Monday, December 27, 2010

Does Having Good State Standards Help Students?

From this small study, no, but that's hardly a reason to have crappy standards:

I decided to take a look at that in a new way, comparing improvement on the National Assessment of Educational Progress (NAEP) mathematics assessments to a new analysis of the relative difficulty of various state standards.

What I found was very interesting. This graph shows what I found:

(graph at link)

All of the correlations figures shown are low, meaning that across the country, at least between 2003 and 2009, there hasn’t been much of a correspondence between having higher state academic standards and improvement in mathematics.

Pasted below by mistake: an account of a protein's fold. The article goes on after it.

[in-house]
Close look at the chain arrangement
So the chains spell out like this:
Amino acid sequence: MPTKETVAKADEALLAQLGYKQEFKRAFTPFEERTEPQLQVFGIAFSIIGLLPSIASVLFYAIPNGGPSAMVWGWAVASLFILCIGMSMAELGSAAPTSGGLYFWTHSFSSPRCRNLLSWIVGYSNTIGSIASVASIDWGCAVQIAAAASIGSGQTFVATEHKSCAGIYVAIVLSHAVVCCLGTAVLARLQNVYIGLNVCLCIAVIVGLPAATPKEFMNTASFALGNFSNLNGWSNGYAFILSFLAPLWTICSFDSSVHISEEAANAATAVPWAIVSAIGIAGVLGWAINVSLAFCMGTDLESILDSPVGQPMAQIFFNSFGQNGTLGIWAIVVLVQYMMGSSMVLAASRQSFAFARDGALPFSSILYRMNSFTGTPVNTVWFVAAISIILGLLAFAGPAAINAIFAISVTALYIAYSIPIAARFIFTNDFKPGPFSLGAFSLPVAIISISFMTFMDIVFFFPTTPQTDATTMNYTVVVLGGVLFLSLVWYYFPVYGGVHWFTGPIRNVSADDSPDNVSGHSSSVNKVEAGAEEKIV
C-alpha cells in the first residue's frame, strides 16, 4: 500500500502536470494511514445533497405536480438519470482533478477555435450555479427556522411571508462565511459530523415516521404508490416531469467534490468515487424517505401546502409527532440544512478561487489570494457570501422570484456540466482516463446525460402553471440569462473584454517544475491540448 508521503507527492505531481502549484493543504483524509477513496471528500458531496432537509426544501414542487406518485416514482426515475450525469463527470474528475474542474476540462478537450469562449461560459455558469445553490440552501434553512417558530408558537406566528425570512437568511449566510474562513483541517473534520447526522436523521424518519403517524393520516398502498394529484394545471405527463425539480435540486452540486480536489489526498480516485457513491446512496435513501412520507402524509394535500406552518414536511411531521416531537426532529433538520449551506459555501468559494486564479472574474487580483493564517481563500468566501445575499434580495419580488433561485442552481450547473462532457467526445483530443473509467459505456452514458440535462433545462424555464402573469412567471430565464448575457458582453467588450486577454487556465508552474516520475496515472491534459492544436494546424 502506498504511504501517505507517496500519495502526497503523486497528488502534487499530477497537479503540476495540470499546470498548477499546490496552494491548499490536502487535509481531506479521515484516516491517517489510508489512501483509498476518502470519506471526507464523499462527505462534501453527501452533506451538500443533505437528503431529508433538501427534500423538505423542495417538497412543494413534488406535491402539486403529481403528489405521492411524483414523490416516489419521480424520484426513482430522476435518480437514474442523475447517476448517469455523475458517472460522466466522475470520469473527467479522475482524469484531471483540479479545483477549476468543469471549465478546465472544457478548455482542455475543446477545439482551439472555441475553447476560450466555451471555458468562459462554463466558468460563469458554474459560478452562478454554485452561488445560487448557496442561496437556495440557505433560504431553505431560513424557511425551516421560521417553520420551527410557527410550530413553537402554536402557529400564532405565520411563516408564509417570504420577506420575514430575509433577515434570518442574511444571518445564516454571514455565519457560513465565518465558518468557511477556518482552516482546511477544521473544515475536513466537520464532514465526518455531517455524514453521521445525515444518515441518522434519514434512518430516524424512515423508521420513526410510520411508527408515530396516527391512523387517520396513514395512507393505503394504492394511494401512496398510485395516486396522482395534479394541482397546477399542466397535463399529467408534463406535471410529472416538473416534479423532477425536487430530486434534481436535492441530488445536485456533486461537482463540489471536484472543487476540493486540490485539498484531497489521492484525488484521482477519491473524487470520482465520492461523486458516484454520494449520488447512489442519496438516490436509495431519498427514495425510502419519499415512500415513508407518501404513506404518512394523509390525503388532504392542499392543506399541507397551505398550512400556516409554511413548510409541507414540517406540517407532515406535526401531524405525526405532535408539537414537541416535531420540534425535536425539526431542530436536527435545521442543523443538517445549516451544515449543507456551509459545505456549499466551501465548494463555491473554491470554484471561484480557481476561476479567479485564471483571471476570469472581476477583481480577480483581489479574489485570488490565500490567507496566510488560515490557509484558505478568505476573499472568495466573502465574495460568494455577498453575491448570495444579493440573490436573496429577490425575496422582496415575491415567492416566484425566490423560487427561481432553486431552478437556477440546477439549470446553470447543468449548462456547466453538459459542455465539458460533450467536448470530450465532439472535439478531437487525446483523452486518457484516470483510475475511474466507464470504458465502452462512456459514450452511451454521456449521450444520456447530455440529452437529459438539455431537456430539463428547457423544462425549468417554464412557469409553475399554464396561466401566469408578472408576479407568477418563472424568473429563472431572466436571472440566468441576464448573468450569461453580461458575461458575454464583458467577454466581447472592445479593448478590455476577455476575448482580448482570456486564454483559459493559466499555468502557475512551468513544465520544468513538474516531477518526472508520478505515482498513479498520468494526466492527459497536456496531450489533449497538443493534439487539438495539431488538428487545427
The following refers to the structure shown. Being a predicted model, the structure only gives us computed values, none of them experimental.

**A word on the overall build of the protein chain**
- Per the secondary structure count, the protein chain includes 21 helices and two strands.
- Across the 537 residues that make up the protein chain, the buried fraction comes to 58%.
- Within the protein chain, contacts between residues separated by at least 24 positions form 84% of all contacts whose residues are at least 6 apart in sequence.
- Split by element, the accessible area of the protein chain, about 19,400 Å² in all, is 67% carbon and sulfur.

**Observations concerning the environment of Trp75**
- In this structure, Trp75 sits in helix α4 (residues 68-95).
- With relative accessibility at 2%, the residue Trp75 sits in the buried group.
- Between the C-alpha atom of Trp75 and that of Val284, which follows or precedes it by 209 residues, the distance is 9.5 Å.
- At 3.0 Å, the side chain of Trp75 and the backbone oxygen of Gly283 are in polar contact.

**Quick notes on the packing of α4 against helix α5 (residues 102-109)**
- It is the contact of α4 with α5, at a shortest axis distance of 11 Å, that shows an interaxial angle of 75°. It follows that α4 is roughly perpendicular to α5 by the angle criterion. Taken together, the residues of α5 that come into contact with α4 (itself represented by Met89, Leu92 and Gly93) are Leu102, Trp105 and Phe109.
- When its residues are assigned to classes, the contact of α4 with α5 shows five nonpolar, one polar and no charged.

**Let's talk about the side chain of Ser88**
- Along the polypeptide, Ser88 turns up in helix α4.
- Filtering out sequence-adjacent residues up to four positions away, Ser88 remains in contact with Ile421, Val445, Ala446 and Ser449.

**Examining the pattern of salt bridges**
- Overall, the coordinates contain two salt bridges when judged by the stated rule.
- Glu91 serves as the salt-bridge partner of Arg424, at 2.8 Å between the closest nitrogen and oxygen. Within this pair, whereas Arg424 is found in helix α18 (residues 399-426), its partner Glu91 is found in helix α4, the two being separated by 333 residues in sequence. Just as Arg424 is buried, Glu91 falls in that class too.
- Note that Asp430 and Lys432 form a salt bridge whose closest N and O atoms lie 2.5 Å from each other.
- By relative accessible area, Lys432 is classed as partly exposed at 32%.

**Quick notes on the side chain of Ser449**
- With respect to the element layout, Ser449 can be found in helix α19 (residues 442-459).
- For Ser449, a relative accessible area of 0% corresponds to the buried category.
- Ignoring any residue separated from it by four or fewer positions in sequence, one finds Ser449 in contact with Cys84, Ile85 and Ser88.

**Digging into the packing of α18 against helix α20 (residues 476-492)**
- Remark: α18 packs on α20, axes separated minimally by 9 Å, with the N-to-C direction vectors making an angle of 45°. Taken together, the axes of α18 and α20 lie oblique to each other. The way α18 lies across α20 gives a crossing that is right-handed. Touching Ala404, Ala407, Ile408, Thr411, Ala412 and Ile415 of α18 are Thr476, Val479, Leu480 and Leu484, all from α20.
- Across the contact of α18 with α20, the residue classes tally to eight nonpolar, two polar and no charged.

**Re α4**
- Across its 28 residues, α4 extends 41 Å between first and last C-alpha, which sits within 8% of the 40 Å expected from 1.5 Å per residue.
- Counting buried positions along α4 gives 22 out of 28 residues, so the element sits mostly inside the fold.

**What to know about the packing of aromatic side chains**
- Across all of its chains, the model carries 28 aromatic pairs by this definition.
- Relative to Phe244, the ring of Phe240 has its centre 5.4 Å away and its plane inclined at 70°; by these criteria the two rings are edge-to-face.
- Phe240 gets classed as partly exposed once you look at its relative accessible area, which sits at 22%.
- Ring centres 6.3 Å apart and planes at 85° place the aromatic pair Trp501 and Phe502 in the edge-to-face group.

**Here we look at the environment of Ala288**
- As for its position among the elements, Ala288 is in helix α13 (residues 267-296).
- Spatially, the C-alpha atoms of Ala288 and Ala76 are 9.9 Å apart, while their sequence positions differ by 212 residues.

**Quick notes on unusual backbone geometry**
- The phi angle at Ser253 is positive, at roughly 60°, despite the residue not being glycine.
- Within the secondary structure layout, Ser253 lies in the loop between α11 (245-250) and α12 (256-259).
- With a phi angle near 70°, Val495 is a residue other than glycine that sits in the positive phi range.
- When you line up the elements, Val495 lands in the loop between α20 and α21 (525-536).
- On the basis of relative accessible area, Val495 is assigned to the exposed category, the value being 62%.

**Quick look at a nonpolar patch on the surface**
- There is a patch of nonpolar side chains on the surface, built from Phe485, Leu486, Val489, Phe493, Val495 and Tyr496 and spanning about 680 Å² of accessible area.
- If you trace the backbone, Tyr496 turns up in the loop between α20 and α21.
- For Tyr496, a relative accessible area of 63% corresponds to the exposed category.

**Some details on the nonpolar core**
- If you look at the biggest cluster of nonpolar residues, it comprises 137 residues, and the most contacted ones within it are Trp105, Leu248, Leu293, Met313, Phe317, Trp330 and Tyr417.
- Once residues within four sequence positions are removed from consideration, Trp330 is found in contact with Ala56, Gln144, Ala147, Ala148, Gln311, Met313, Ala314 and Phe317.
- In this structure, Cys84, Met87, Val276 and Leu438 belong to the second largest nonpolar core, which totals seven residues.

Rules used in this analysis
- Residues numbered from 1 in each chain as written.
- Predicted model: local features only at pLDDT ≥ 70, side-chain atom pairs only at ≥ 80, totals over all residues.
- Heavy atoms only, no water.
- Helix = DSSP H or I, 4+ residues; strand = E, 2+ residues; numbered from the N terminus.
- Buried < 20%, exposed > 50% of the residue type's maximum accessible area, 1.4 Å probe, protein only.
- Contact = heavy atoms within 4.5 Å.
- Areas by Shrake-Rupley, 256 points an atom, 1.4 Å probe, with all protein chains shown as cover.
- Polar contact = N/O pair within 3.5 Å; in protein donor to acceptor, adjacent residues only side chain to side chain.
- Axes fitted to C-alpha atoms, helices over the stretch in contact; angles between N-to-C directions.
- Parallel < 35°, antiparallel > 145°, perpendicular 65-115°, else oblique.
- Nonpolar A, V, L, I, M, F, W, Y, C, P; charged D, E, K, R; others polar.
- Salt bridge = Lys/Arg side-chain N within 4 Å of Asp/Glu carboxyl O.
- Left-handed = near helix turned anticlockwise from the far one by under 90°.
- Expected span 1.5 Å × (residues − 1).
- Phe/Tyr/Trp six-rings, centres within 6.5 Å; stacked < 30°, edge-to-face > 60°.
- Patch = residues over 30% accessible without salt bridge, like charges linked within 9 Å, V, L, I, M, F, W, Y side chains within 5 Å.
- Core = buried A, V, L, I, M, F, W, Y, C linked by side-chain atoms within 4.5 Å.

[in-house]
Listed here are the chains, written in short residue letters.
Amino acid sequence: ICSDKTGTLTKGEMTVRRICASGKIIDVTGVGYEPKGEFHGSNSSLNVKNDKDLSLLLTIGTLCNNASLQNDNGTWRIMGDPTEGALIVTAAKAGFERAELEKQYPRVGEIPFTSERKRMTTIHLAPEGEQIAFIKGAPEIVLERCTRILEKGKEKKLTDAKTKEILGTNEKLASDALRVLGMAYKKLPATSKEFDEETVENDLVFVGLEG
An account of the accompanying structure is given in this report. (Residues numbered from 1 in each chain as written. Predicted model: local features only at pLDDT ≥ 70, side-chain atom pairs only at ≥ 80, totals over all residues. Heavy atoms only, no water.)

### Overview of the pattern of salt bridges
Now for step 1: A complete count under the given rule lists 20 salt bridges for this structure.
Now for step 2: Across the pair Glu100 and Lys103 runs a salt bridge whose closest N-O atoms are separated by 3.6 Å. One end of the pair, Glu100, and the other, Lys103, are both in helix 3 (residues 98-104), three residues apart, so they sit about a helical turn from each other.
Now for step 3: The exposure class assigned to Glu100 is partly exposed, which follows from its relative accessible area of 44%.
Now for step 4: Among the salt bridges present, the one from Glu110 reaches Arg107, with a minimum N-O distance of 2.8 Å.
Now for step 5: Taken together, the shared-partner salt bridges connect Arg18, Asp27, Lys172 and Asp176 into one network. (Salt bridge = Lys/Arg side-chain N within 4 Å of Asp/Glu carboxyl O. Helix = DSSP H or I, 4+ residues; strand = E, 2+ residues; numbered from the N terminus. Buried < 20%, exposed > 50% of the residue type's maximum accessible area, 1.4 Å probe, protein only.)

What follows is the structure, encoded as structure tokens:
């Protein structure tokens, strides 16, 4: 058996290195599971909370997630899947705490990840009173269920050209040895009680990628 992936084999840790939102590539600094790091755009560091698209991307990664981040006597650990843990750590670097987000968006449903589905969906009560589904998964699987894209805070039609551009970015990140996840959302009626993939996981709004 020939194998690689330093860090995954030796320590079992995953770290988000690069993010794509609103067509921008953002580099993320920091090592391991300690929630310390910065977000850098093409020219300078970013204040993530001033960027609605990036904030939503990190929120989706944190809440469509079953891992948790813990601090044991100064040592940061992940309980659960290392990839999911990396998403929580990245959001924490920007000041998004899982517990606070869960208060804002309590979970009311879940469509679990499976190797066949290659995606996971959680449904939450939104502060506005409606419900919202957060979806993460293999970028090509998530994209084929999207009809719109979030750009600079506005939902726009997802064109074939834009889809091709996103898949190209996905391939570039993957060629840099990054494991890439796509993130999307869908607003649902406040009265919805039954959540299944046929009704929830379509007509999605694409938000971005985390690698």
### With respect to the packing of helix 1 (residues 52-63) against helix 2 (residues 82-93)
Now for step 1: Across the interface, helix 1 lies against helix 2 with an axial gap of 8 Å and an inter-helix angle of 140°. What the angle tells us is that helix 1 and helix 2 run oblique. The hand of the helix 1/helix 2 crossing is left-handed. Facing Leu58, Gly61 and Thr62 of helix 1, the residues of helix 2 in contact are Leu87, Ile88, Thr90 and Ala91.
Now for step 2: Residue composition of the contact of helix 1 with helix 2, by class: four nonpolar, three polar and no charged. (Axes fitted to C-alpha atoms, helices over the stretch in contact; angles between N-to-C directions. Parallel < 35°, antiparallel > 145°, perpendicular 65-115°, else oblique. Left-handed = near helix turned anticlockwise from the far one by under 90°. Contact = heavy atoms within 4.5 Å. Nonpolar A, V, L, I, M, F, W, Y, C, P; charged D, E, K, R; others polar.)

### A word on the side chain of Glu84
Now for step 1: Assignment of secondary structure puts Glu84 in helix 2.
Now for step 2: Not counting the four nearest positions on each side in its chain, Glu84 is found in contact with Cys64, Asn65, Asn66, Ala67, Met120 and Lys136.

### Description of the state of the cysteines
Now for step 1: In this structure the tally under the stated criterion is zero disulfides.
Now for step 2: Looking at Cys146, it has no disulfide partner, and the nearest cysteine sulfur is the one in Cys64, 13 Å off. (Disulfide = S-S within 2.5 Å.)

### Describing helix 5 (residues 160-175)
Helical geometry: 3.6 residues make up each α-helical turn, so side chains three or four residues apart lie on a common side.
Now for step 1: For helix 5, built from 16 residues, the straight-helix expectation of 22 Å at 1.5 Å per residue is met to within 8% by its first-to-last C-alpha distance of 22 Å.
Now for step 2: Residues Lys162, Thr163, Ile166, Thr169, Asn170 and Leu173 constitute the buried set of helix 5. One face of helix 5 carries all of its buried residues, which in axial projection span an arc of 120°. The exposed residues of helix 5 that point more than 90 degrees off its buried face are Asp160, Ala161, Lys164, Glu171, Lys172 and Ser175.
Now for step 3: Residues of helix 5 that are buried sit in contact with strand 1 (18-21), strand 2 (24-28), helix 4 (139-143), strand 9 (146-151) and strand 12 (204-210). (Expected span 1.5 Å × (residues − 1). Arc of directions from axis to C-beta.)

Interestingly, the correspondence is even weaker for blacks than for whites. In fact, the data indicate that, across the country, eighth grade blacks receive essentially no benefit from living in states with higher math standards on their own state tests.

If your culture doesn't value education, you're not going to do well no matter what the standards are.

1 comment:

High School Tchr said...

The school I taught at had a culture that valued work over higher education. It came from the parents, families, and neighborhoods these kids grew up in.

Personally, I see nothing wrong with this. But the administration of the school wanted us to change their values so every student would have the goal to go to college.

The result? They weren't having any of it.